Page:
is such a complicated process that science has so far been
unable to determine whether the frequency-distinguishing
system takes place in the inner ear or in the brain.
this point, there is an interesting fact we have to consider
concerning the motion of the tiny hairs on the cells of the
inner ear. Usually the motion of these tiny hairs is very
small. Research has shown that a hair motion of just half the
diameter of an atom can be enough to set off the reaction in
the cell. Experts who have studied the matter give a very
interesting example to describe this sensitivity of these
hairs: If we imagine a hair as being as tall as the Eiffel
Tower, the effect on the cell attached to it begins with a
motion equivalent to just 3 centimetres of the top of the
we have examined so far has shown us that the ear possesses an
extraordinary design. On closer examination, it becomes
evident that this design is irreducibly complex, since, in
order for hearing to happen, it is necessary for all the
component parts of the auditory system to be present and in
complete working order. In order for you to hear, such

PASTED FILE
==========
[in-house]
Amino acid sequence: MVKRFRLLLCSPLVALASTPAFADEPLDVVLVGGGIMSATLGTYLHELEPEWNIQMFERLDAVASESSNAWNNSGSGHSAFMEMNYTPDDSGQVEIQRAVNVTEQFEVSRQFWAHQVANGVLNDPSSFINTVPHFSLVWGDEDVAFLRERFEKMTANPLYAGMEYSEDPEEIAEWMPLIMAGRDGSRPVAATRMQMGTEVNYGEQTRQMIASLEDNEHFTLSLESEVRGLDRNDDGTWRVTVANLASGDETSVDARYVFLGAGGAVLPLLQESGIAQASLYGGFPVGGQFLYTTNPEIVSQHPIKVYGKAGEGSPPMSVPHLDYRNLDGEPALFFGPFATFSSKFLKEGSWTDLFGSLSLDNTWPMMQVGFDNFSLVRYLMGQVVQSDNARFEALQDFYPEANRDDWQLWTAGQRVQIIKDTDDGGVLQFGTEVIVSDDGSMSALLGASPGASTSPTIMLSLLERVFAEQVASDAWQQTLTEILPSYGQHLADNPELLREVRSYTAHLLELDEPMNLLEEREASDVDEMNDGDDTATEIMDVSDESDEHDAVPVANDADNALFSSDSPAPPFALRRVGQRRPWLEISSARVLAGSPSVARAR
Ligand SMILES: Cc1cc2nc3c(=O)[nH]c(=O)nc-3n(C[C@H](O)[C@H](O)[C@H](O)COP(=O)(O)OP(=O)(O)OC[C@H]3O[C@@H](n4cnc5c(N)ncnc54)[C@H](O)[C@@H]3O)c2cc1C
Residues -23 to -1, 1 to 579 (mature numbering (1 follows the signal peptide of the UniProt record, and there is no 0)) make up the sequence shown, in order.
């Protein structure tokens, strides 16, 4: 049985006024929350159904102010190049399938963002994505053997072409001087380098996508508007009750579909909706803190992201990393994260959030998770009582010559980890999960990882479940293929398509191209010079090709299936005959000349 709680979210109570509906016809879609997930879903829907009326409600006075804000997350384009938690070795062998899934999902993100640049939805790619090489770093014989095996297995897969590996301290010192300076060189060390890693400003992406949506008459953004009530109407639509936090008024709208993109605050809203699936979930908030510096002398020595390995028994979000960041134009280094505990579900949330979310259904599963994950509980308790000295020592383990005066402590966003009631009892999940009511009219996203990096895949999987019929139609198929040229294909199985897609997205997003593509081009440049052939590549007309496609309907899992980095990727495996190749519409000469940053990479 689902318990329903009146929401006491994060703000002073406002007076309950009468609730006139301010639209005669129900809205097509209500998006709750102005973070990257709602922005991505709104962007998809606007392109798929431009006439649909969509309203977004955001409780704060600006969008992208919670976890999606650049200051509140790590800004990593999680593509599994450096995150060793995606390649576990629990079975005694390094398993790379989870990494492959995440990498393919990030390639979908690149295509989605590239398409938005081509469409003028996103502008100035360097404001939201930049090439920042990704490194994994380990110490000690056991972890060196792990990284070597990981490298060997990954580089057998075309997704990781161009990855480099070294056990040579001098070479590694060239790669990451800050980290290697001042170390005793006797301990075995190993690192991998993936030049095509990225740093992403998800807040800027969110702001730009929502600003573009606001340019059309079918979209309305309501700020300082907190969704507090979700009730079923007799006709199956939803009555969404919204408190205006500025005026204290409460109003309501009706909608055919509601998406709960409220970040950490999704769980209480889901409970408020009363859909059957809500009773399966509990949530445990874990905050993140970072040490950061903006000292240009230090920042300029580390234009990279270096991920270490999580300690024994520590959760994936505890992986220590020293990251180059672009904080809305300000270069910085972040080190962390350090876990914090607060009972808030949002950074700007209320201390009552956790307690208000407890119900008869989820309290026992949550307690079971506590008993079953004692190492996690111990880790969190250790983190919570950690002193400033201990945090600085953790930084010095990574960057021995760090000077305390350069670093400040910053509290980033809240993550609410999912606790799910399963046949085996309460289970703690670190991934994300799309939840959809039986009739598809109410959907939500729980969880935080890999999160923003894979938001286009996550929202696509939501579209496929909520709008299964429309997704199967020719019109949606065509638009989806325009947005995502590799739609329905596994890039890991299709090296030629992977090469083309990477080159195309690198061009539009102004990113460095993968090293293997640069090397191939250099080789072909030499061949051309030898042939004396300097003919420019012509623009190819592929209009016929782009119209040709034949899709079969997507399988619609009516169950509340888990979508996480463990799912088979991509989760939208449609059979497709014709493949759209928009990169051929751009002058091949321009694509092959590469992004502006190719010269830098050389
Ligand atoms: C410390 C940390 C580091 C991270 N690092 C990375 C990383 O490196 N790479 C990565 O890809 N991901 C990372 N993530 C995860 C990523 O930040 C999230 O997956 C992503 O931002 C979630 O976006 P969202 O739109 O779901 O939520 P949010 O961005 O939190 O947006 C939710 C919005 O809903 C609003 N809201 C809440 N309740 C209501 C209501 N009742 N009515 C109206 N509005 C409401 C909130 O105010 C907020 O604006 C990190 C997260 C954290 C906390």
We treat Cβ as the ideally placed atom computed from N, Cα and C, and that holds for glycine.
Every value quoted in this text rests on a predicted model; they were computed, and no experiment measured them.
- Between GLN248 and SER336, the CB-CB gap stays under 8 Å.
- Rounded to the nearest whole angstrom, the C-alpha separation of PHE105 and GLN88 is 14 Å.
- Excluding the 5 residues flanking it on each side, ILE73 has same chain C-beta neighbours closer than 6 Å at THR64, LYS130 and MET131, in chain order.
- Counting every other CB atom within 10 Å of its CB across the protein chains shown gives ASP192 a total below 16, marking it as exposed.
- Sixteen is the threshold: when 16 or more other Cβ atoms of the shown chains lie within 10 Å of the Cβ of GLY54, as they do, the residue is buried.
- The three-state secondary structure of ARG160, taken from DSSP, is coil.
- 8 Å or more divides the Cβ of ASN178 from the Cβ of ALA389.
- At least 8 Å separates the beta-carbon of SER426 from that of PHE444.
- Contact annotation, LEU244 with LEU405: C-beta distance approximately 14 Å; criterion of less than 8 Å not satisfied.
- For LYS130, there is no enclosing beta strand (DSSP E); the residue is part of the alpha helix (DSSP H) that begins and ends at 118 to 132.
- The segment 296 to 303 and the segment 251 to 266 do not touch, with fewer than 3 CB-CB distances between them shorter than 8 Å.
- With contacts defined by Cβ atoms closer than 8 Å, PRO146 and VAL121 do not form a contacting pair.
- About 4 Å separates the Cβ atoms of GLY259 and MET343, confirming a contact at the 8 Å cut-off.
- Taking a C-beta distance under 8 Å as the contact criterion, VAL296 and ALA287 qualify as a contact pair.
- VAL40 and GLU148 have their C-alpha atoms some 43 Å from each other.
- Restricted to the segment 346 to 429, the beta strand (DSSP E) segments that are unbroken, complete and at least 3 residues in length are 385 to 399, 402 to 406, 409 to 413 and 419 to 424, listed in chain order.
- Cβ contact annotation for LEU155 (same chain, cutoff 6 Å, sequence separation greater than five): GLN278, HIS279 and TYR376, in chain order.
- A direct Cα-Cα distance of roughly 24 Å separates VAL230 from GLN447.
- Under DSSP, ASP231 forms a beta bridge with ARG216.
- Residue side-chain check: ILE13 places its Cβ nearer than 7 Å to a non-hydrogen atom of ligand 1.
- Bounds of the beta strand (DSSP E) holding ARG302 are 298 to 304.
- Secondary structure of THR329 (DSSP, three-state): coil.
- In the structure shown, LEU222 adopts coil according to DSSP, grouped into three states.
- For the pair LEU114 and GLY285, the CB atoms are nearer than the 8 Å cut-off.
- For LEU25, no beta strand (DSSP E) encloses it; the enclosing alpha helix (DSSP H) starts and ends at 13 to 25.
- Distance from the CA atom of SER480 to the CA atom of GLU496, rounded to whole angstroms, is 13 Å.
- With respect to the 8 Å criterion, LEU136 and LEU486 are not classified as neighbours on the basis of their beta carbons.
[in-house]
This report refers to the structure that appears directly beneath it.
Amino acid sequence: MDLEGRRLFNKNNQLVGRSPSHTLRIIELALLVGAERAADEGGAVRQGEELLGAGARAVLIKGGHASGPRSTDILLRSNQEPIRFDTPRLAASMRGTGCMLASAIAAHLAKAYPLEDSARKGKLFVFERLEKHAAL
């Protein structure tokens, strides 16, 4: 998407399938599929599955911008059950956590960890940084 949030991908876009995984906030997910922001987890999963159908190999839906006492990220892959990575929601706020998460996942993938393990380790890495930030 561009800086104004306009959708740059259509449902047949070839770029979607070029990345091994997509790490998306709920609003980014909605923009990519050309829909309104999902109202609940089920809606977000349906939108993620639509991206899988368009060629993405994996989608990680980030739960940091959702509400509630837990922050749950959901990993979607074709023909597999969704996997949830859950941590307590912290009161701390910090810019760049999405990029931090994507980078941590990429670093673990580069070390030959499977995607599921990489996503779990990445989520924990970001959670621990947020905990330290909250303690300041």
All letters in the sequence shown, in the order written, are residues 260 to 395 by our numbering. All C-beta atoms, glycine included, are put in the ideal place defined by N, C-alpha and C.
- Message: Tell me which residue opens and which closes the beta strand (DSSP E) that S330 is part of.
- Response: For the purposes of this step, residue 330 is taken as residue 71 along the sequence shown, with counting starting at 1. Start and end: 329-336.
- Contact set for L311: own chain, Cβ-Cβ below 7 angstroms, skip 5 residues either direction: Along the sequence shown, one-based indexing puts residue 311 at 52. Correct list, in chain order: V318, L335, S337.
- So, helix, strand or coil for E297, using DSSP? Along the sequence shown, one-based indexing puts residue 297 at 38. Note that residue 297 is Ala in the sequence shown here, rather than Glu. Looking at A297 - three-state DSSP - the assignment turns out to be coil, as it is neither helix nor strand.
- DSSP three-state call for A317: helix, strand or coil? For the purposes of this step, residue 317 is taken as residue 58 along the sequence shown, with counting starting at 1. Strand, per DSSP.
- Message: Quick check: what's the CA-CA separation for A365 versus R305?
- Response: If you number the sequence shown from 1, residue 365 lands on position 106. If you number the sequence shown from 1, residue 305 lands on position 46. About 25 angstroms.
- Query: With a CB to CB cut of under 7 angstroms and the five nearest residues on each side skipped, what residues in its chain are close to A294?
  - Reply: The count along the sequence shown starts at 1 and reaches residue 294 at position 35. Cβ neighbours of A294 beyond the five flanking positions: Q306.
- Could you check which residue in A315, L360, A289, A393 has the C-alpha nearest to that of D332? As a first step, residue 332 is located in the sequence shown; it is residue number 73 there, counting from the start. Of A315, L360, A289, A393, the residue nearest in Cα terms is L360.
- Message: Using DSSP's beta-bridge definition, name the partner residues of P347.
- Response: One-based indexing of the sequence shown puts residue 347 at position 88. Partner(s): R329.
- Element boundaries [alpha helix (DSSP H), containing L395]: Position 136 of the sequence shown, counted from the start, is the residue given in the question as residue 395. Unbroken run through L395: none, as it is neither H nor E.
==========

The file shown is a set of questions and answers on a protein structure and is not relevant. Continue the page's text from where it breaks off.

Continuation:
different elements as the ear drum, the hammer, anvil and
stirrup bones, the inner ear membrane, the cochlea, the liquid
inside the cochlea, the tiny hairs that transmit the
vibrations from the liquid to the underlying sensory cells,
the latter cells themselves, the nerve network running from
them to the brain, and the hearing centre in the brain must
all exist in complete working order. The system cannot develop
“by stages,” because the intermediate stages would
serve no purpose.
complex system is full of examples of unparalleled design that
the theory of evolution cannot explain. The origins of hearing
cannot be explained by the trust of evolutionists in "coincidences".
On the contrary, it is obvious that all of them have been
created and given to us by our Creator. While the human cannot
even understand the working mechanism of systems that enable
him to see, hear and think, the infinite wisdom and power of
Allah (swt) Who created all these from nothing is apparently
“Color Atlas of Human Anatomy” (1994), Harmony Books, New
York, p. 70.
“Color Atlas of Human Anatomy” (1996). Harmony Books, New